Newspaper article Pittsburgh Post-Gazette (Pittsburgh, PA)

Small Town Braces Itself for Big Sandusky Trial

Newspaper article Pittsburgh Post-Gazette (Pittsburgh, PA)

Small Town Braces Itself for Big Sandusky Trial

Article excerpt

BELLEFONTE, Pa. -- Charles Brown is a few minutes late today -- funny, because usually it's his pal Richard Knupp who arrives when the rest of their friends have sipped half of their first cup of coffee and finished their first story.

It's 10 a.m. on a Friday. Judge Brown, Mr. Knupp, Joe Haas and Bob Royer gather like they do most mornings at Diamond Deli, a shop that sits across the street from the Centre County Courthouse, which the nation has viewed countless times.

Mr. Knupp is a Bellefonte historian; Judge Brown is a Centre County senior judge. Mr. Haas and Mr. Royer have retired from management positions. They are longtime residents who have lived and studied Bellefonte, but the past six months have brought a torrent of new experiences.

In December, it wasn't uncommon for them to spend an hour at the deli discussing the details they'd read about the Jerry Sandusky case. Sometimes, especially lately, they don't talk about the Sandusky trial at all.

The trial, of course, finally begins today with jury selection. Mr. Sandusky's alleged crimes from State College are being tried in this smaller town 10 miles away, Centre County's seat of government.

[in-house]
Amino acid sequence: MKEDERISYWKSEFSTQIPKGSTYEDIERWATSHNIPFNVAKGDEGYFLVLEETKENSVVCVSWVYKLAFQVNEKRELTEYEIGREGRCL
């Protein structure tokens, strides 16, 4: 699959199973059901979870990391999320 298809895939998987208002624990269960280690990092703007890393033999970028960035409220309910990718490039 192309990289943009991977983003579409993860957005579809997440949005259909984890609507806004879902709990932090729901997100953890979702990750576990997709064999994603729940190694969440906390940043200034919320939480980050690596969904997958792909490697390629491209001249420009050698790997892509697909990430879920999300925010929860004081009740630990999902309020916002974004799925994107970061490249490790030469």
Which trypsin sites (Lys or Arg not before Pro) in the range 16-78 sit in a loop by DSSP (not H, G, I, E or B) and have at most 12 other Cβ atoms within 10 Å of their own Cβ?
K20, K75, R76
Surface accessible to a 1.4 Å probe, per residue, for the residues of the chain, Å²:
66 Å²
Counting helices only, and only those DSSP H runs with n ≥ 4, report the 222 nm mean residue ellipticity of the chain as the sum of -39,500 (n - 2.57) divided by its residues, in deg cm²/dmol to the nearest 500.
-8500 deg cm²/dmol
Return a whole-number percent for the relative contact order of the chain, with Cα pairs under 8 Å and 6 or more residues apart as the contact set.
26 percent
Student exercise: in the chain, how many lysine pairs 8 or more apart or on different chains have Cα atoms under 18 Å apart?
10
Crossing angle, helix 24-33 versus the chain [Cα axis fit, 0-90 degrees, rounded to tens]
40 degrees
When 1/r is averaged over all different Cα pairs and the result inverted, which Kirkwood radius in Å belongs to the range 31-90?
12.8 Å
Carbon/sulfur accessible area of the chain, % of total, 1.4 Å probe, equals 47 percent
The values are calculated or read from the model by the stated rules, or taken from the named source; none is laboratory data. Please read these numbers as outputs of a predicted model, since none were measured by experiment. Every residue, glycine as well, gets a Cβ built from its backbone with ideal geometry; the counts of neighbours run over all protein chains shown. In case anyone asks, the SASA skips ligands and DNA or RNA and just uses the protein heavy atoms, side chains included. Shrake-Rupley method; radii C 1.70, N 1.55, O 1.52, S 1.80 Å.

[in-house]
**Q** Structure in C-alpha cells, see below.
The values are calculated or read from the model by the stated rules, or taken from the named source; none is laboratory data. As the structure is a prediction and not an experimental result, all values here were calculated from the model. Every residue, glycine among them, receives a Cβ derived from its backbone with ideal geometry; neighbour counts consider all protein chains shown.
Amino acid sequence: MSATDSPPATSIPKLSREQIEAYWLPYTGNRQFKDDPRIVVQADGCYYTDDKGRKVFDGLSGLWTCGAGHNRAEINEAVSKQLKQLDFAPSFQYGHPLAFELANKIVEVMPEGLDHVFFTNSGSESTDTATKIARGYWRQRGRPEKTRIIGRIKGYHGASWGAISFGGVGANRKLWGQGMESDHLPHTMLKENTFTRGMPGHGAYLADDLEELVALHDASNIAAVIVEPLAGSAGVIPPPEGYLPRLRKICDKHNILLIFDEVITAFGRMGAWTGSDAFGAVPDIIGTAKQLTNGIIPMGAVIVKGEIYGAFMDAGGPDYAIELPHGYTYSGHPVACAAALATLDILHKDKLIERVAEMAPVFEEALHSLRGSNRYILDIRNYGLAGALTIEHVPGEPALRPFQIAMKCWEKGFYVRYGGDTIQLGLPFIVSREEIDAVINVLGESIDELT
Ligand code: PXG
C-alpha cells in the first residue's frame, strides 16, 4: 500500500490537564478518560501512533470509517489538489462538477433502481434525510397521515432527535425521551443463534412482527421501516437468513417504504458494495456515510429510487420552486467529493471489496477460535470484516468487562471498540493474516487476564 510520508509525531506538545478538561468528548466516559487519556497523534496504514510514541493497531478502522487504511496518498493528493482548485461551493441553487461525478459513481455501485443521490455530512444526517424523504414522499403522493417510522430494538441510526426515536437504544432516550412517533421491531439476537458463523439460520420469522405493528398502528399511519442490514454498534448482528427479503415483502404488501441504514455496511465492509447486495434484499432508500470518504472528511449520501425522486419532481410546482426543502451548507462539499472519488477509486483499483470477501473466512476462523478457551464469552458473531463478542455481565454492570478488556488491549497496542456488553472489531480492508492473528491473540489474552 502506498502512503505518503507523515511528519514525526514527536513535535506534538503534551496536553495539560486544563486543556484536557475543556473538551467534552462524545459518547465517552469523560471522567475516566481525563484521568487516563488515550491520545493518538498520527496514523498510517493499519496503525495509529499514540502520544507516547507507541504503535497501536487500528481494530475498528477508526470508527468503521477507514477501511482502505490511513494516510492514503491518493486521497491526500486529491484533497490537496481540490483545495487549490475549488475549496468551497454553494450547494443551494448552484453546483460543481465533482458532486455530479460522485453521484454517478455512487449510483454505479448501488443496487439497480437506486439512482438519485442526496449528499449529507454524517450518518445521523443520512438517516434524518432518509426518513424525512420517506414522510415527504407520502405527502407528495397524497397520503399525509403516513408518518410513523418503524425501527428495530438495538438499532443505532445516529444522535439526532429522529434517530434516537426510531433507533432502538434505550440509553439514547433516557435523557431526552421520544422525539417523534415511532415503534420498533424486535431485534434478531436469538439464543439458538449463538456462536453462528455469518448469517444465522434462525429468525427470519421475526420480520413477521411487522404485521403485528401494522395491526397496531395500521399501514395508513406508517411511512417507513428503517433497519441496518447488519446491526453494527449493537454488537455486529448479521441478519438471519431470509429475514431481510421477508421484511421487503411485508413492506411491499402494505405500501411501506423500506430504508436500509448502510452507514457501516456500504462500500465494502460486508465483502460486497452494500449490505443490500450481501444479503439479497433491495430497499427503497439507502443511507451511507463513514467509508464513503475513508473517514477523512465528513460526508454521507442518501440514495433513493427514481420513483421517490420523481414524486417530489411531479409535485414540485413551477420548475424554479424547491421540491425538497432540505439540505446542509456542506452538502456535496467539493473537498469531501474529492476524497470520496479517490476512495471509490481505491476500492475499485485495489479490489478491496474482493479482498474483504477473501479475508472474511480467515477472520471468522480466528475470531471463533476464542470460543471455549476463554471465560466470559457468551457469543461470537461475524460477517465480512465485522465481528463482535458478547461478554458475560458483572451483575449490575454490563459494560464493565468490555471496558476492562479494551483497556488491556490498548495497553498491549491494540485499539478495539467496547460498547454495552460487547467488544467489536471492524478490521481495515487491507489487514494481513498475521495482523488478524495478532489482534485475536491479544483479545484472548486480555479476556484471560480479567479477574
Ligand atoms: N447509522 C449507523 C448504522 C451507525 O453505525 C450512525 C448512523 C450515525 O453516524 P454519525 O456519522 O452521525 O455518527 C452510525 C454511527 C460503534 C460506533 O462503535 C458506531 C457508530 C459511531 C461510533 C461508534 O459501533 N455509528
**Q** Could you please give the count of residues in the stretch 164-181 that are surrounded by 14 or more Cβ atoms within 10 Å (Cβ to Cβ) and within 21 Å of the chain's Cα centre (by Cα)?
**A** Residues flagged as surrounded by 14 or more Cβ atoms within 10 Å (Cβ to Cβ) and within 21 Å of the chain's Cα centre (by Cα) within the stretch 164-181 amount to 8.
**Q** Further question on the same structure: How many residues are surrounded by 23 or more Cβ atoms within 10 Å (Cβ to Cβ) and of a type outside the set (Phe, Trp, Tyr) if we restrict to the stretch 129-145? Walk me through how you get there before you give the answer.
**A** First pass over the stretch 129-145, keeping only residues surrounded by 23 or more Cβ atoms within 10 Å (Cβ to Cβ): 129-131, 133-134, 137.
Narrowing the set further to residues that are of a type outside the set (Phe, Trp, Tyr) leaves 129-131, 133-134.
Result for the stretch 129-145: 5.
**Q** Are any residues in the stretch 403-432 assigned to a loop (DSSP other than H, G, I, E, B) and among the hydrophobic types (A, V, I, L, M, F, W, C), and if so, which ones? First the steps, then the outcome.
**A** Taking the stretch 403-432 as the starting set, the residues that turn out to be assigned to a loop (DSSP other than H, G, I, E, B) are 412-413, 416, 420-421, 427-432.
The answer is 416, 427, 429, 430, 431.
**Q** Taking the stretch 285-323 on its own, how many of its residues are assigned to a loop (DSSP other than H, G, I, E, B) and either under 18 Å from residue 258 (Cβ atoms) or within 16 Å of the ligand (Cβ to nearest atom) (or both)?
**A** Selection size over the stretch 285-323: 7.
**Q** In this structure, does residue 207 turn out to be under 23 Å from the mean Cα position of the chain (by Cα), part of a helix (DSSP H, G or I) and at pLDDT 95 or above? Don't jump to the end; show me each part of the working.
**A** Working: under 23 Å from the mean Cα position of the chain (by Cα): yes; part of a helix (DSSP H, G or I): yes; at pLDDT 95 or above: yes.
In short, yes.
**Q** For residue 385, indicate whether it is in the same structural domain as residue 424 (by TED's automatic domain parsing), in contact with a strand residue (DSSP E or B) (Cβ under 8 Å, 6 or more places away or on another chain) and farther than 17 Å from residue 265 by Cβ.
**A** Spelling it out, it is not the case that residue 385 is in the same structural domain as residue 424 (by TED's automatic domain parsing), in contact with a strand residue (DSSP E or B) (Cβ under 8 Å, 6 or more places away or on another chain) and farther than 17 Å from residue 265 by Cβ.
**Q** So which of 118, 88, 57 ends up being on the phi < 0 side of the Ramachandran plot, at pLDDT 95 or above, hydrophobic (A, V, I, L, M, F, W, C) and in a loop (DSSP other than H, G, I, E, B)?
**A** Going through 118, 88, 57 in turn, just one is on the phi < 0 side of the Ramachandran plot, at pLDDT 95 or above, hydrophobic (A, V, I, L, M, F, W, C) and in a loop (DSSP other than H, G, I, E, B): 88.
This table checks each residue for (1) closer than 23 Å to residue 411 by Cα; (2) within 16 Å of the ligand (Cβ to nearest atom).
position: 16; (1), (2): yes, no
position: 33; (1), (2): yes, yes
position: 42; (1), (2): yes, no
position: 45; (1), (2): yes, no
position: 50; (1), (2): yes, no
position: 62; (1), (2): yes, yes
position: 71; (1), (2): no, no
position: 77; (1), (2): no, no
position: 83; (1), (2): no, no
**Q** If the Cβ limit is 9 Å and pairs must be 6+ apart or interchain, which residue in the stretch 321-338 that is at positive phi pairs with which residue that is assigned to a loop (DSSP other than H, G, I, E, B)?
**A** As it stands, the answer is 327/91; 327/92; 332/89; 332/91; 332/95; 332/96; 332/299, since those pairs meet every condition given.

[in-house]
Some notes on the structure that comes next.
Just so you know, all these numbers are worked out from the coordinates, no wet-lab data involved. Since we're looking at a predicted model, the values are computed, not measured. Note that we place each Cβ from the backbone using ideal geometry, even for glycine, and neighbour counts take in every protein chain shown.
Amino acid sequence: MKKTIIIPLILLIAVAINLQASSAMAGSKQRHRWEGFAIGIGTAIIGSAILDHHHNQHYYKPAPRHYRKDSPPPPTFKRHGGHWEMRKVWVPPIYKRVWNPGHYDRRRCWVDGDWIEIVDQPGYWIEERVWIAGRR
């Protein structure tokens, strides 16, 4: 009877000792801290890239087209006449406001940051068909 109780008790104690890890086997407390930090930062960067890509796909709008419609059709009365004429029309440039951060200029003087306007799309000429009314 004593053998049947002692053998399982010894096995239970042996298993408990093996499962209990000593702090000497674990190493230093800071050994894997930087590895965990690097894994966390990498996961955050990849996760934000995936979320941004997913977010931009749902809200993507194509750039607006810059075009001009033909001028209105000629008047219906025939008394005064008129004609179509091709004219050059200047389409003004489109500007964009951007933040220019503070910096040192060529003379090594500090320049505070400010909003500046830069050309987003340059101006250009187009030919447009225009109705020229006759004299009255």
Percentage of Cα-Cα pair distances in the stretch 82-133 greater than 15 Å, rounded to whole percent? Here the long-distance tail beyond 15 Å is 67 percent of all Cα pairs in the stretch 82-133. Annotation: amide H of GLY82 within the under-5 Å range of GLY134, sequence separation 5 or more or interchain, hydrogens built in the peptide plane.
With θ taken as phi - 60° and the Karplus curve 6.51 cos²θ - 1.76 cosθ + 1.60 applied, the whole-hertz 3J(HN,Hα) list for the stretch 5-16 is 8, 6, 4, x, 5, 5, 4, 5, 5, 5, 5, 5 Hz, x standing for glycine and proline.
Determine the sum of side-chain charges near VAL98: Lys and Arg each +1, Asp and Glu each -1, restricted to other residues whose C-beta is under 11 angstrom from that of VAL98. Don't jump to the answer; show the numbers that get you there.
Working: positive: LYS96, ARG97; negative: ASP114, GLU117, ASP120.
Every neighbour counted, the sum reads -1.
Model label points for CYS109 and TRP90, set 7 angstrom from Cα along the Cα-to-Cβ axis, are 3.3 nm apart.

A Bellefonte dateline will be the first word on newspaper and Internet stories read by thousands each day. Myriad television personalities will start or end their reports saying they are in Bellefonte. Thirty-eight TV trucks, with the possibility of more, have booked space for the upcoming trial.

Like trials from Charles Manson's to O.J. Simpson's to Casey Anthony's, the Sandusky case will become an object of national fascination, but instead of unfolding in a major city, the proceedings will play out in a town of 6,100. The exposure could enliven such a place and its habitants if it did not stem from an event so tragic, and, if it hadn't become so pervasive in the past six months, so tiring.

"Could you really go to the circus," Judge Brown asks, "every day of your life?"

Bellefonte's origins

The measure of anonymity Bellefonte enjoyed before the trial masked the town's importance to the region. Happy Valley is known nationwide because of Joe Paterno and Penn State University.

Penn State exists because its land was donated by Bellefonte resident James Irvin, an owner of iron works. Bellefonte's Andrew Curtin helped develop the school. The stadium where Mr. Sandusky once coached is named after James Beaver, another Bellefonte resident.

"If there wasn't any Bellefonte, there wouldn't be Penn State," says Frank Halderman, president of Bellefonte's borough council.

Bellefonte was born as the 18th century ended, the town's livelihood forged from iron, a resource that allowed it to boom, sustain, grow and develop another identity.

Other boroughs had applied to become the county seat. Bellefonte earned the designation. It would be a town for justice. …

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